This is my second Stewart O'Nan, although the both that I have read have been novellas. I liked The Odds: A Love Story better than Last Night at Lobster. I think this book made me realize that I could be a serious O'Nan fan. It isn't flashy. It is a terse, slight book that contains volumes about love and about humanity.
The book is told in alternating perspectives in the voices of Art and Marion Fowler, who are embarking on a "second honeymoon" to Niagra Falls on what we quickly learn is the eve of their divorce:
"They would spend their last days and nights as man and wife as they'd spent the first, nearly thirty years ago, in Niagra Falls, as if, across the border, by that fabled and overwrought cauldron of new beginnings, away from any domestic everyday claims, they might find each other again."
However, the divorce is motivated by the couple's financial hardship after the loss of Art's job, and so is the trip to Canada, where Art hopes to win big on his life savings before he loses it all in bankruptcy. So, for Art the whole trip is a gamble. He is betting on his ability to allude the authorities, to use a system derived from internet searching guaranteeing a win at the roulette wheel, and to win back his wife, who sees the divorce as a far more final move than he does.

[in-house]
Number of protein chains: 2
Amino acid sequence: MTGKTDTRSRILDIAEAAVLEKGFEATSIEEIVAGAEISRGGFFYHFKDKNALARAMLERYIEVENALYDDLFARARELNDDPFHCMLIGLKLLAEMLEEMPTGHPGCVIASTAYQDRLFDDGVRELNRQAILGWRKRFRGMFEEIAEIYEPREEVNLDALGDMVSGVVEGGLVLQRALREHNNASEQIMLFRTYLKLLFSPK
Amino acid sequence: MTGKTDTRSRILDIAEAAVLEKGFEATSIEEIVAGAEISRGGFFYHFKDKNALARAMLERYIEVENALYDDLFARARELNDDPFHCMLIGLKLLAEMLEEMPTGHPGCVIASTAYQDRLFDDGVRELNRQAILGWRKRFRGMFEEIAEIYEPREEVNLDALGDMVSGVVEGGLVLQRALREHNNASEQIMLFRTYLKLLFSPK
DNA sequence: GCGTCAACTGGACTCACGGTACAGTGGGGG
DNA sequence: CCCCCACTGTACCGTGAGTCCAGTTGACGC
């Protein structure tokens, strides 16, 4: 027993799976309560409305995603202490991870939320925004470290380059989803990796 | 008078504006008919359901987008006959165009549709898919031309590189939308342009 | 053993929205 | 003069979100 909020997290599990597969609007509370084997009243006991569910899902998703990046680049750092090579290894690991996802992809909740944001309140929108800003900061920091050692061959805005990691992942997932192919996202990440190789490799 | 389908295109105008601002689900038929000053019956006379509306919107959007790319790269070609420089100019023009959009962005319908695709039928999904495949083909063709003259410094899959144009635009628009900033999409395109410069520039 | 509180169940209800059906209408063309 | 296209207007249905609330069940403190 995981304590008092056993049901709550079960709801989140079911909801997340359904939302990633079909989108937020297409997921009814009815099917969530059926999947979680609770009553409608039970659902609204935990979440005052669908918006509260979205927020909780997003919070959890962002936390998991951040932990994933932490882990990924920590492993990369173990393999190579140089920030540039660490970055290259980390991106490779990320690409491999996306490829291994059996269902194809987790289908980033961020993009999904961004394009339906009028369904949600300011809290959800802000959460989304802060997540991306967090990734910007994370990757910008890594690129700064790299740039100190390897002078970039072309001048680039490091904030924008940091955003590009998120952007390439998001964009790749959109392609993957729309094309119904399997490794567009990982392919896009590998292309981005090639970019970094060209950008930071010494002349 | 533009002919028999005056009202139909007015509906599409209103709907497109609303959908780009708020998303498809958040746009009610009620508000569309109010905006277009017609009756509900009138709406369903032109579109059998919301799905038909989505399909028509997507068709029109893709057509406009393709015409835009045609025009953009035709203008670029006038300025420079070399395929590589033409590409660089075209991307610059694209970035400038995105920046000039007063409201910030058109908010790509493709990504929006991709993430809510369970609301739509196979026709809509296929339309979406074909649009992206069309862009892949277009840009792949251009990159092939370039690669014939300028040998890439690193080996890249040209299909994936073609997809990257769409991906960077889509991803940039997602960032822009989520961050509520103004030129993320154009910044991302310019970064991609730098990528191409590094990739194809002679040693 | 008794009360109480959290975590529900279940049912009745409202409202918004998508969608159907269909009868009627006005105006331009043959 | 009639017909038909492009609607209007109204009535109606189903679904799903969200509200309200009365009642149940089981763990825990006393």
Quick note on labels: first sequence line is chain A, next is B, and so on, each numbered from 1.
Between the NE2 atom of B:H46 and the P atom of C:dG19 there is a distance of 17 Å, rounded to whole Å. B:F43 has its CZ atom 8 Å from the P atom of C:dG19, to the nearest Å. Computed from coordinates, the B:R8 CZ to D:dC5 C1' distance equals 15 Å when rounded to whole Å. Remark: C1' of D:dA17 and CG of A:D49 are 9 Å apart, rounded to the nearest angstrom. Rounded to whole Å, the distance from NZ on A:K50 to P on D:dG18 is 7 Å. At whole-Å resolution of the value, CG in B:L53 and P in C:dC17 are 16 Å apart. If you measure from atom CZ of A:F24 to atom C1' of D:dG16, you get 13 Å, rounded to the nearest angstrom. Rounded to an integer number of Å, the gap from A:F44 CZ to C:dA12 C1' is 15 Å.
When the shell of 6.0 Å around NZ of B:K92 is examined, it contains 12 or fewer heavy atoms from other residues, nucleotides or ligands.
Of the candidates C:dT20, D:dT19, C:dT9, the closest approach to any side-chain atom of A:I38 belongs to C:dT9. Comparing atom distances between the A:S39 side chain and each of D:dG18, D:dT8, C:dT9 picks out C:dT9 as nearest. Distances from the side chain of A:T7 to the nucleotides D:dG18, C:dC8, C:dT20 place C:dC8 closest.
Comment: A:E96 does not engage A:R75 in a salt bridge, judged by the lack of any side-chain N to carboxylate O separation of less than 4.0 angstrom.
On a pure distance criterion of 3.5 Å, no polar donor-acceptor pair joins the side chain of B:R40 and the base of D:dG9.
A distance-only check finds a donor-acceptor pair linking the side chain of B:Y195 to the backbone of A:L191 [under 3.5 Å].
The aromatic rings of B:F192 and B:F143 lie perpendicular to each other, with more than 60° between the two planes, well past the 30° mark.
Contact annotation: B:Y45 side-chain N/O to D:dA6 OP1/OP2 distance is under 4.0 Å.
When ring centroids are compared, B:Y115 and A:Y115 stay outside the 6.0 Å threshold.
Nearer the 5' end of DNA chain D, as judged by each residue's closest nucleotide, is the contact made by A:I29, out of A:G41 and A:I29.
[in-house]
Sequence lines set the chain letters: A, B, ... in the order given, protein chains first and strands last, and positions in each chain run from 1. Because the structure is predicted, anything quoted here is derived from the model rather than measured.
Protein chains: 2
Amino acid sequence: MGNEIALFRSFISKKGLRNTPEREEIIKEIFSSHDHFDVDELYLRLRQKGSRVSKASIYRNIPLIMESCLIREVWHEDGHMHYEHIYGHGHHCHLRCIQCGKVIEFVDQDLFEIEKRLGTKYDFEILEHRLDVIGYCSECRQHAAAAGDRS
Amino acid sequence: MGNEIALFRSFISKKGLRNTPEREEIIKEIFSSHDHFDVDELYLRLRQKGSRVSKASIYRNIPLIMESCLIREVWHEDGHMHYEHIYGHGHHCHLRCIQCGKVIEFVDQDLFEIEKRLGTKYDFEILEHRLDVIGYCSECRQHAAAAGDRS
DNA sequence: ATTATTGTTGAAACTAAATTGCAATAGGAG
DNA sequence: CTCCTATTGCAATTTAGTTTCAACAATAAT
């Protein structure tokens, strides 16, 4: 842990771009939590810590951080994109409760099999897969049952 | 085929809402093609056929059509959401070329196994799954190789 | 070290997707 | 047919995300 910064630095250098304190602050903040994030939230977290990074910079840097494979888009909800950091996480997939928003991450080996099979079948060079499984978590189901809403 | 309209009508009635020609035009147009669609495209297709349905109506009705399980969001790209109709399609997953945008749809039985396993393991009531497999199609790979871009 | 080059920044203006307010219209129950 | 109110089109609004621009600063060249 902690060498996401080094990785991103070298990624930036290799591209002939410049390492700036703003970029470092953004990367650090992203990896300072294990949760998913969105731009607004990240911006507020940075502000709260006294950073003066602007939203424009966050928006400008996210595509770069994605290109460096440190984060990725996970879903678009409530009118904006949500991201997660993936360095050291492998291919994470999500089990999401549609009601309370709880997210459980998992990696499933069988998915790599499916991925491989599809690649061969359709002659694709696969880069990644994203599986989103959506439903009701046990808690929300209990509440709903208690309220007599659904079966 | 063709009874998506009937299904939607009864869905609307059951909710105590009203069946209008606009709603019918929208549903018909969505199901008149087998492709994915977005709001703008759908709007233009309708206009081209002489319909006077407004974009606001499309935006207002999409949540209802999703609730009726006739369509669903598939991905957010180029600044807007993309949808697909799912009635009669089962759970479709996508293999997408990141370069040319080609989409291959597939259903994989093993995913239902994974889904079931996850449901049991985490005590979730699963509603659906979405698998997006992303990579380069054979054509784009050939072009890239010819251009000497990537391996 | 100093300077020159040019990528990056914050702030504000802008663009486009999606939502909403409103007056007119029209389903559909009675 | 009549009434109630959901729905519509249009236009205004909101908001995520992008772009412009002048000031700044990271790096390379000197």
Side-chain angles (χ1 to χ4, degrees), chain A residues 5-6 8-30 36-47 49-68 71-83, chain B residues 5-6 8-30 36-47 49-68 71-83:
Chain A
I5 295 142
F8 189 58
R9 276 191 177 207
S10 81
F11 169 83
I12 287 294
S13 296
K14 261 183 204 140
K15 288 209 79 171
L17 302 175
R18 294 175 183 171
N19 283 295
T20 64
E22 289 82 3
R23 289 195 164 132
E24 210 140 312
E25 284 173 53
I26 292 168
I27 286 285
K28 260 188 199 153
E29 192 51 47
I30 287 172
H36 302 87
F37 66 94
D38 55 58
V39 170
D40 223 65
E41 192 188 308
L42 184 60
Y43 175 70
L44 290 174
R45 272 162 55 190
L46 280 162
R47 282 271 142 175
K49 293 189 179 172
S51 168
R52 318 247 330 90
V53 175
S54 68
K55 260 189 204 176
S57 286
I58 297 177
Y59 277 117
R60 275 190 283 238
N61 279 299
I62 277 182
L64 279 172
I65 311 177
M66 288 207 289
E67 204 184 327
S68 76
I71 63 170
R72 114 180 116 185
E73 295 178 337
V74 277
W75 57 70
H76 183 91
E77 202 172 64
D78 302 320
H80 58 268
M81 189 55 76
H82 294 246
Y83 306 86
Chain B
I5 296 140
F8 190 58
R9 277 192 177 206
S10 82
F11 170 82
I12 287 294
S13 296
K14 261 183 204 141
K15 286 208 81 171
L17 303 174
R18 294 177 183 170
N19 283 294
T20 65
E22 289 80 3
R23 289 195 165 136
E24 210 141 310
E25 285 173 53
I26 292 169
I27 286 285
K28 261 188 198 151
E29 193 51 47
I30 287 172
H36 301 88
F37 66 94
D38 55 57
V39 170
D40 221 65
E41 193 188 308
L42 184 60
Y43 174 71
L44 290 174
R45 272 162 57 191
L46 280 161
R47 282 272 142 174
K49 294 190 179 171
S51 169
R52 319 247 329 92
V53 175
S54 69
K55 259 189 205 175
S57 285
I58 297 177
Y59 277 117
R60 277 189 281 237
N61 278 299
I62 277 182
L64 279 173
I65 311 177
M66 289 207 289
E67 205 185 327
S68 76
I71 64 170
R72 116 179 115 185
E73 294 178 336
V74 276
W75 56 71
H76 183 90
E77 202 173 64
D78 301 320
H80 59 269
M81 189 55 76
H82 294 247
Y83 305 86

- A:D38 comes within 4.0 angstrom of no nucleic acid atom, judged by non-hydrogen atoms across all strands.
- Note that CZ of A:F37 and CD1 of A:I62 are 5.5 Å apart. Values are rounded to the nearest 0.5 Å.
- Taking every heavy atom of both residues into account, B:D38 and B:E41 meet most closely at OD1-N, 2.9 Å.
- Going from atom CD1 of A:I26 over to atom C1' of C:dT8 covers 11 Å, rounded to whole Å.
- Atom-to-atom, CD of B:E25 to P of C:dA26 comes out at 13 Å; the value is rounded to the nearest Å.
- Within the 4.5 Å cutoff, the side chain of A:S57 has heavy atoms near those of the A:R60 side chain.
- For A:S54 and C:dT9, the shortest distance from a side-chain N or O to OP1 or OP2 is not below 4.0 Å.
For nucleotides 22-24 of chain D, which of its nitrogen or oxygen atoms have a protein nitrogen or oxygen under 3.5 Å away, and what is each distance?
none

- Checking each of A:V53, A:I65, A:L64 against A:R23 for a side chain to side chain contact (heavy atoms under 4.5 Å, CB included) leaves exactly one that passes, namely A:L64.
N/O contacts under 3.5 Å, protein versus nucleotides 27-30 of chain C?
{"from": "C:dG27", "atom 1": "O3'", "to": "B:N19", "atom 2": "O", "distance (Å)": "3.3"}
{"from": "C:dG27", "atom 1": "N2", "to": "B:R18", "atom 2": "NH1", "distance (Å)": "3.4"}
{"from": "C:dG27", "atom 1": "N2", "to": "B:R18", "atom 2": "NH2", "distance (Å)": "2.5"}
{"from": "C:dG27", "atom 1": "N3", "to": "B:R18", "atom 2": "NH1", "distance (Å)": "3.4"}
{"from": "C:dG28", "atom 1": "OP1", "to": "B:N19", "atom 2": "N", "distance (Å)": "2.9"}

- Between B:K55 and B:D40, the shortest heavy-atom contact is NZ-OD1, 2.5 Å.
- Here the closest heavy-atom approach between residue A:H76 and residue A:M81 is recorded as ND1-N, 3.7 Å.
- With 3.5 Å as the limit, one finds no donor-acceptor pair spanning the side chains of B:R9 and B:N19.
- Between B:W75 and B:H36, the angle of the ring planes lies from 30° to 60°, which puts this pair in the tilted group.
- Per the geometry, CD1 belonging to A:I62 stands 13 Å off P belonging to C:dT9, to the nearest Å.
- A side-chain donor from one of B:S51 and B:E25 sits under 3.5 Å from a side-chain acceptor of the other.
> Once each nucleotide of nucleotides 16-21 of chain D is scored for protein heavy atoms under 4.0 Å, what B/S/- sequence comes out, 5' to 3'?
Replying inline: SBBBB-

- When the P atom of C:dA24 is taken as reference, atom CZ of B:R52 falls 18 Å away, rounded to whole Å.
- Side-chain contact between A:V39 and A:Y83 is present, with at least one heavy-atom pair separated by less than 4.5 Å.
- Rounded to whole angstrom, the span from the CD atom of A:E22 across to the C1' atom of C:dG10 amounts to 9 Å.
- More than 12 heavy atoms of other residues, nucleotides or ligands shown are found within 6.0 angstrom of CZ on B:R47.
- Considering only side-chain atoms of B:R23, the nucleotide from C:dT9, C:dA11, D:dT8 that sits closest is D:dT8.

The portrait of a marriage as it dissolves, with no violence and actually quite a bit of tenderness, is heartbreaking, but hopeful. Although Art and Marion have grown apart, separated by life and by their mistakes, they still function as a pair, like parts of the same whole. O'Nan gives a snapshot of marriage as a living, breathing, and working entity, and I as a reader, couldn't help but root for the Fowlers and hope for their future.
Each chapter in The Odds, begins with a set of odds, from the very likely (Odds of a marriage proposal being accepted: 1 in 1.001), to the surprisingly likely (Odds of surviving going over the Falls in a barrel: 1 in 3), to the depressing (Odds of a U.S. citizen filing for bankruptcy: 1 in 17), to the nearly impossible (Odds of surviving going over the Falls without a barrel: 1 in 1, 500, 000). O'Nan asks us, through this little story, to think about our own lives and our own odds. Do we make our luck, or is it fate? What do the odds mean translated into individual terms?
Title: The Odds:A Love StoryAuthor: Stewart O'Nan
Date: 2012 (January 19th)
Genre: Fiction, Novella
Where I got it: From the publisher, through Net Galley
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